Firstly, with respect to the multipartite jurisduction element: Article 6(1) allows the applicant to sue several defendants before the court where any one of them is domiciled, provided the claims are’ so closely connected that it is expedient to hear and determine them together to avoid the risk of irreconcilable judgments resulting from separate proceedings’. Per Roche Nederland, the Court had controversially held that parallel actions for infringement in different Member States, which, in accordance with Article 64(3) of the Munich Convention, must be examined in the light of the national law in force, are not in the context of the same legal situation and hence any divergences between decisions cannot be treated as contradictory – leaving no room for application of Article 6(1) to the benefit of holders of European patents vis-a-vis actions for infringement in different Member States. Cruz Villalon AG proposes to distinguish, not to overturn, Roche Nederland on the ground that in the case at issue, the objectionable behaviour concerned more than one undertaking, domiciled in more than one Member State, however accused of the same behaviour in the same Member State. If Article 6(1) were not to be applicable, the courts concerned would hence hold on the basis of the same lex loci protectionis (that of the Member State in which the alleged conduct is said to have taken place) and hence the risk of irreconcilable judgments great.
The AG then turns to the application of Article 22(4), dealt with previously in particular in GAT. Here (as helpfully summarised by the AG) , the referring court asks, in essence, whether the fact that a defence of invalidity of a patent has been raised in interim proceedings for a cross-border prohibition against infringement, in parallel to main proceedings for infringement, is sufficient, and, if so, under what formal or procedural conditions, for Article 22(4) to become applicable. Applicability of Article 22(4)’s exclusive ground for jurisdiction is highly relevant: firstly, the court dealing with the case has to decline jurisdiction for the main proceedings on the basis of Article 25 (when an exclusive ground of jurisdiction is at stake, all other courts have to declare themselves without jurisdiction) and, secondly, as a consequence, it is then required to consider its competence to adjudicate on the interim proceedings on the basis of Article 31’s jurisdictional ground for provisional measures. After careful consideration in which the AG gives a brief ‘tour d’horizon’ of the various procedural realities that might exists, he advises that Article 22(4) is not applicable when the validity of a patent is raised only in interim proceedings, ! in so far as the decision likely to be adopted at the end of those proceedings does not have any final effect. Whether the latter is the case depends on the applicable law (see my comment above, re incomplete harmonisation of EU patent law).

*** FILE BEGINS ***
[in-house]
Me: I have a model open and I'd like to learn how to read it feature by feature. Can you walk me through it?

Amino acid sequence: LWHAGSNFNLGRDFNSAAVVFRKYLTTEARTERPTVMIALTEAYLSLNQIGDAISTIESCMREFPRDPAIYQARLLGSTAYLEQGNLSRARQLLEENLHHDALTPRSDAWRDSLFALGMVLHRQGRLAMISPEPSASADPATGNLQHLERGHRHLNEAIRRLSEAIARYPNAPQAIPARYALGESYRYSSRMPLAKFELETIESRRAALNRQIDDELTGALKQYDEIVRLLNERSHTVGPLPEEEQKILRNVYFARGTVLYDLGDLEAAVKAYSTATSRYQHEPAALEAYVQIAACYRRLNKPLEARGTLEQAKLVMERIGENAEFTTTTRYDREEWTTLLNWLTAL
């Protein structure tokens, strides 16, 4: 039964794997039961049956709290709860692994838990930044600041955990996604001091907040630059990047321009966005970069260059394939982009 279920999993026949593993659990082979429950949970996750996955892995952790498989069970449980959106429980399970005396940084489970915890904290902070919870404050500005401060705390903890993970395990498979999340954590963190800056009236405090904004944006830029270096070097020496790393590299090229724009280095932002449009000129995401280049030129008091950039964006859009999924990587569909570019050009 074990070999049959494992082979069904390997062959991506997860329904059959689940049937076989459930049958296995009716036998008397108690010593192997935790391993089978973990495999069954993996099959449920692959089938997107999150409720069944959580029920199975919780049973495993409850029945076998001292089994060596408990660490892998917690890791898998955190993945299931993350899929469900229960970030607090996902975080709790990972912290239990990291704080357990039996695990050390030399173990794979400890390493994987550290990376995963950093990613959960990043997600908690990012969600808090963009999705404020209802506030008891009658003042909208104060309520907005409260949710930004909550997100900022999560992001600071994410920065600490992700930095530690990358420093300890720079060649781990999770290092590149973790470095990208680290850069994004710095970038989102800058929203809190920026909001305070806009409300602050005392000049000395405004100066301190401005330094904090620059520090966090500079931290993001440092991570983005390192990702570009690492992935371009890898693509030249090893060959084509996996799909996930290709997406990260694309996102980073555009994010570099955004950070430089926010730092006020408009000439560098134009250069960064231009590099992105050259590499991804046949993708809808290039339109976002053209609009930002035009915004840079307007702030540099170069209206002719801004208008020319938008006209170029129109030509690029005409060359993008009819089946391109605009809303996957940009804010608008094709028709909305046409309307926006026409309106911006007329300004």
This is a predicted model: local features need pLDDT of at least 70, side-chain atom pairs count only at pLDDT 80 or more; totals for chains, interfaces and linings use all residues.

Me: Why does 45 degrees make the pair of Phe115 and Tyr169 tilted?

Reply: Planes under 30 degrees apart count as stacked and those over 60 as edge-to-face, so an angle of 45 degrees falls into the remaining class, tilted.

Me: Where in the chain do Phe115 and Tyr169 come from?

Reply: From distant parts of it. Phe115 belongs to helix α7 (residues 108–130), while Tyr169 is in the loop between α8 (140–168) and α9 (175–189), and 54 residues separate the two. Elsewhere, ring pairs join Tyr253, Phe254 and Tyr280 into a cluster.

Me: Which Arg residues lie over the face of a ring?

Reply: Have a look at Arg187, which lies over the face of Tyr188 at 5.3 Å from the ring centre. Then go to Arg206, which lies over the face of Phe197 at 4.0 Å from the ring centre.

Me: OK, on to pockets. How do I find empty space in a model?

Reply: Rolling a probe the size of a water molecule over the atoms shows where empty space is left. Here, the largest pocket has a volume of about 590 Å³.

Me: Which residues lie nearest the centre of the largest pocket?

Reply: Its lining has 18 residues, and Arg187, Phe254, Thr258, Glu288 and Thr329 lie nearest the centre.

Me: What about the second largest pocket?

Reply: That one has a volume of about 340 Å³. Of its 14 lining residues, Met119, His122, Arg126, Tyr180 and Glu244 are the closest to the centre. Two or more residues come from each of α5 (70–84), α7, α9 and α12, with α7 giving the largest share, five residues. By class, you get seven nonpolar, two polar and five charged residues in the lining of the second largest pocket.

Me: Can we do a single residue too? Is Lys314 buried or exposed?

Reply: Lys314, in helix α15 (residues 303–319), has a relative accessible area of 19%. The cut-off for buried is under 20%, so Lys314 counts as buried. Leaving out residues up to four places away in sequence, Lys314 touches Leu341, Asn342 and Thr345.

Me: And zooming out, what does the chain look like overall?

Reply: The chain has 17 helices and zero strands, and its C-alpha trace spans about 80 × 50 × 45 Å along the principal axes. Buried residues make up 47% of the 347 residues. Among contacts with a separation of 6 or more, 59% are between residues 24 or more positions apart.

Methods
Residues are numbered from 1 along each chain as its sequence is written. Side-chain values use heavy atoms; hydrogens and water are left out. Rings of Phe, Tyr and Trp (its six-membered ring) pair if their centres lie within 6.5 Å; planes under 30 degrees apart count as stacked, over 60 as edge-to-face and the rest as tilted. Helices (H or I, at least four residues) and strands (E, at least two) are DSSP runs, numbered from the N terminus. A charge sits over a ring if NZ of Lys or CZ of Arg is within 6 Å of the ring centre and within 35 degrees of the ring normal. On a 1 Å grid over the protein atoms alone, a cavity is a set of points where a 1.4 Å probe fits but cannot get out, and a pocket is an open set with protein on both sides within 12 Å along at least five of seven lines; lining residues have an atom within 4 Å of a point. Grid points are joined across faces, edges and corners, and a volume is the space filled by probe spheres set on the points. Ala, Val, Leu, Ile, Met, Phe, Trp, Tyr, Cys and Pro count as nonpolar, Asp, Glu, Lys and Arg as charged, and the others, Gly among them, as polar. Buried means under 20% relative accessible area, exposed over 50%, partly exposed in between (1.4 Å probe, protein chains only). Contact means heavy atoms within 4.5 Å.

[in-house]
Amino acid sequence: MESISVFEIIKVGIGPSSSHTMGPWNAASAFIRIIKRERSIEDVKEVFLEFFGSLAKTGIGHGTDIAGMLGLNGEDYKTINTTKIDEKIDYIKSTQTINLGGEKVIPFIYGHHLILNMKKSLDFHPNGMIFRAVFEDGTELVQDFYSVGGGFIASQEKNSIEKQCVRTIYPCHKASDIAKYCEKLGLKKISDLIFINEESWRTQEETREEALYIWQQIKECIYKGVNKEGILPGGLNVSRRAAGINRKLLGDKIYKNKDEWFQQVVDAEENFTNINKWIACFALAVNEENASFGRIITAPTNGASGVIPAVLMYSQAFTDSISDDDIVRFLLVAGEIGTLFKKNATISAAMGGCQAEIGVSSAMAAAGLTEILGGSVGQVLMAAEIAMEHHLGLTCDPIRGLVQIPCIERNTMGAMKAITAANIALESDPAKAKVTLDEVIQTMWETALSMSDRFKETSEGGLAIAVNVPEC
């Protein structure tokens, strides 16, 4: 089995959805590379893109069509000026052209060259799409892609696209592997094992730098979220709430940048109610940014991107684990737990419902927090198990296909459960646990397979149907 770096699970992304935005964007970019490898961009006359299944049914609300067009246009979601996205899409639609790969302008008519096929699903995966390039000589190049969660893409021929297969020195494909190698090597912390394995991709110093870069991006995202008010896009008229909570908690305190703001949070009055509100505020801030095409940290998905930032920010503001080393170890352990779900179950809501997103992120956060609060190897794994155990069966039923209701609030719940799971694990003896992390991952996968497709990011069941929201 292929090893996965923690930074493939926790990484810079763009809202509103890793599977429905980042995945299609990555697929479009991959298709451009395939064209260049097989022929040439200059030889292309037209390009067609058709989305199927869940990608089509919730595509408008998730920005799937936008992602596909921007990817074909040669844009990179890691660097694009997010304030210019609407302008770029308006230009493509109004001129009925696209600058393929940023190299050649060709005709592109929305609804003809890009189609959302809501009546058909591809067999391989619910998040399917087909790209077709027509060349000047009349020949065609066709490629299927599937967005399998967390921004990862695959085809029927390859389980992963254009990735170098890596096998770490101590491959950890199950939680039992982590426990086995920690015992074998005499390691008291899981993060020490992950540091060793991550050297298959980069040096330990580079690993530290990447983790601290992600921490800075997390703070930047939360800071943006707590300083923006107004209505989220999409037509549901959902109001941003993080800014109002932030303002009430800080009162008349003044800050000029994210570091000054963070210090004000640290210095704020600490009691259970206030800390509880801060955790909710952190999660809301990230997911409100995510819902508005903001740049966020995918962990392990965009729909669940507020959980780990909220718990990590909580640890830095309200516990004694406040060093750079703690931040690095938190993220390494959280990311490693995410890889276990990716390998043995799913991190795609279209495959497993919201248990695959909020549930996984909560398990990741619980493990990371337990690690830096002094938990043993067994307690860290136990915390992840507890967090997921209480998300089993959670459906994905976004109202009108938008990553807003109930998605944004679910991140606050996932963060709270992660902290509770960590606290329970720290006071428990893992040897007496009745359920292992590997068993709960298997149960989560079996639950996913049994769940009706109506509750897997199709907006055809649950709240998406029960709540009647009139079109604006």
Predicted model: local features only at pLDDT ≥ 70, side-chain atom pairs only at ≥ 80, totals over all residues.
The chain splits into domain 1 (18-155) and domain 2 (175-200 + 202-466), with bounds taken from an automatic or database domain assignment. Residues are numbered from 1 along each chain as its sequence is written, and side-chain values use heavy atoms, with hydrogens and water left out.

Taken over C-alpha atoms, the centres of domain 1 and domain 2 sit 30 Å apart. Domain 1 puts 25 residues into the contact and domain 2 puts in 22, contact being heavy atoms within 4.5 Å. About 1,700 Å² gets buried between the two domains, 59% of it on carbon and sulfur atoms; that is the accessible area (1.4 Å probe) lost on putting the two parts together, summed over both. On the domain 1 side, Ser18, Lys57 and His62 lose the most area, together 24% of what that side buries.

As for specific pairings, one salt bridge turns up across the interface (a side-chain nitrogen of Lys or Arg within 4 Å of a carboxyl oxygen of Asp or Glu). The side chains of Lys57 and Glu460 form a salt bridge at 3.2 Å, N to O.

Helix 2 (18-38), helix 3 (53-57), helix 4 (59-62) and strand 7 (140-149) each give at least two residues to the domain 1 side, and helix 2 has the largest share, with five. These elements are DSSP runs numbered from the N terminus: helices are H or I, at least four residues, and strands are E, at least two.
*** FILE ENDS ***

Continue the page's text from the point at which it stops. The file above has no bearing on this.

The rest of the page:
I wonder whether the Court would be put off by the AG’s sidestep into what he calls ‘procedural reality’ (not a criterion which the Court generally is happy to entertain in the application of the JR) and whether, similarly, the criterion ‘final effect in accordance with the applicable law’ would offer enough legal certainty (which the CoJ definitely craves in the application of the JR).
One final consideration in the AG’s opinion is the application of Article 31’s jurisdictional ground for provisional measures (this question will only feature in the eventual judgment, should the Court reject the AG’s view on Article 22(4)). Article 31’s scope is limited. Amongst others, the measures within its scope must be of a ‘provisional’ nature, that is to say, per Reichert, be intended to preserve a factual or legal situation so as to safeguard rights the recognition of which is sought elsewhere from the court having jurisdiction as to the substance of the matter: that is a ratione temporis limitation. In Van Uden, the court added a limitation ratione loci: there has to be a ‘real connecting link’ between the subject-matter of the provisional measures sought and the territorial jurisdiction of the Member State of the court seized. The AG suggests that applied to intellectual property rights (but with wider ramification), this condition does not imply that the measure must not have any ‘extraterritorial’ effect: rather, that for Article 31 to apply, there has to be a minimum territorial localisation of the provisional measure sought. The existence of such real connecting link should be considered chiefly in the light of the enforcement procedures of the Member State of the court seized.
Not all of the considerations of the AG are likely to be entertained by the Court. Neither do they cover all aspects of the troublesome application of Article 22(4) [not much of which has made it into the review of the JR].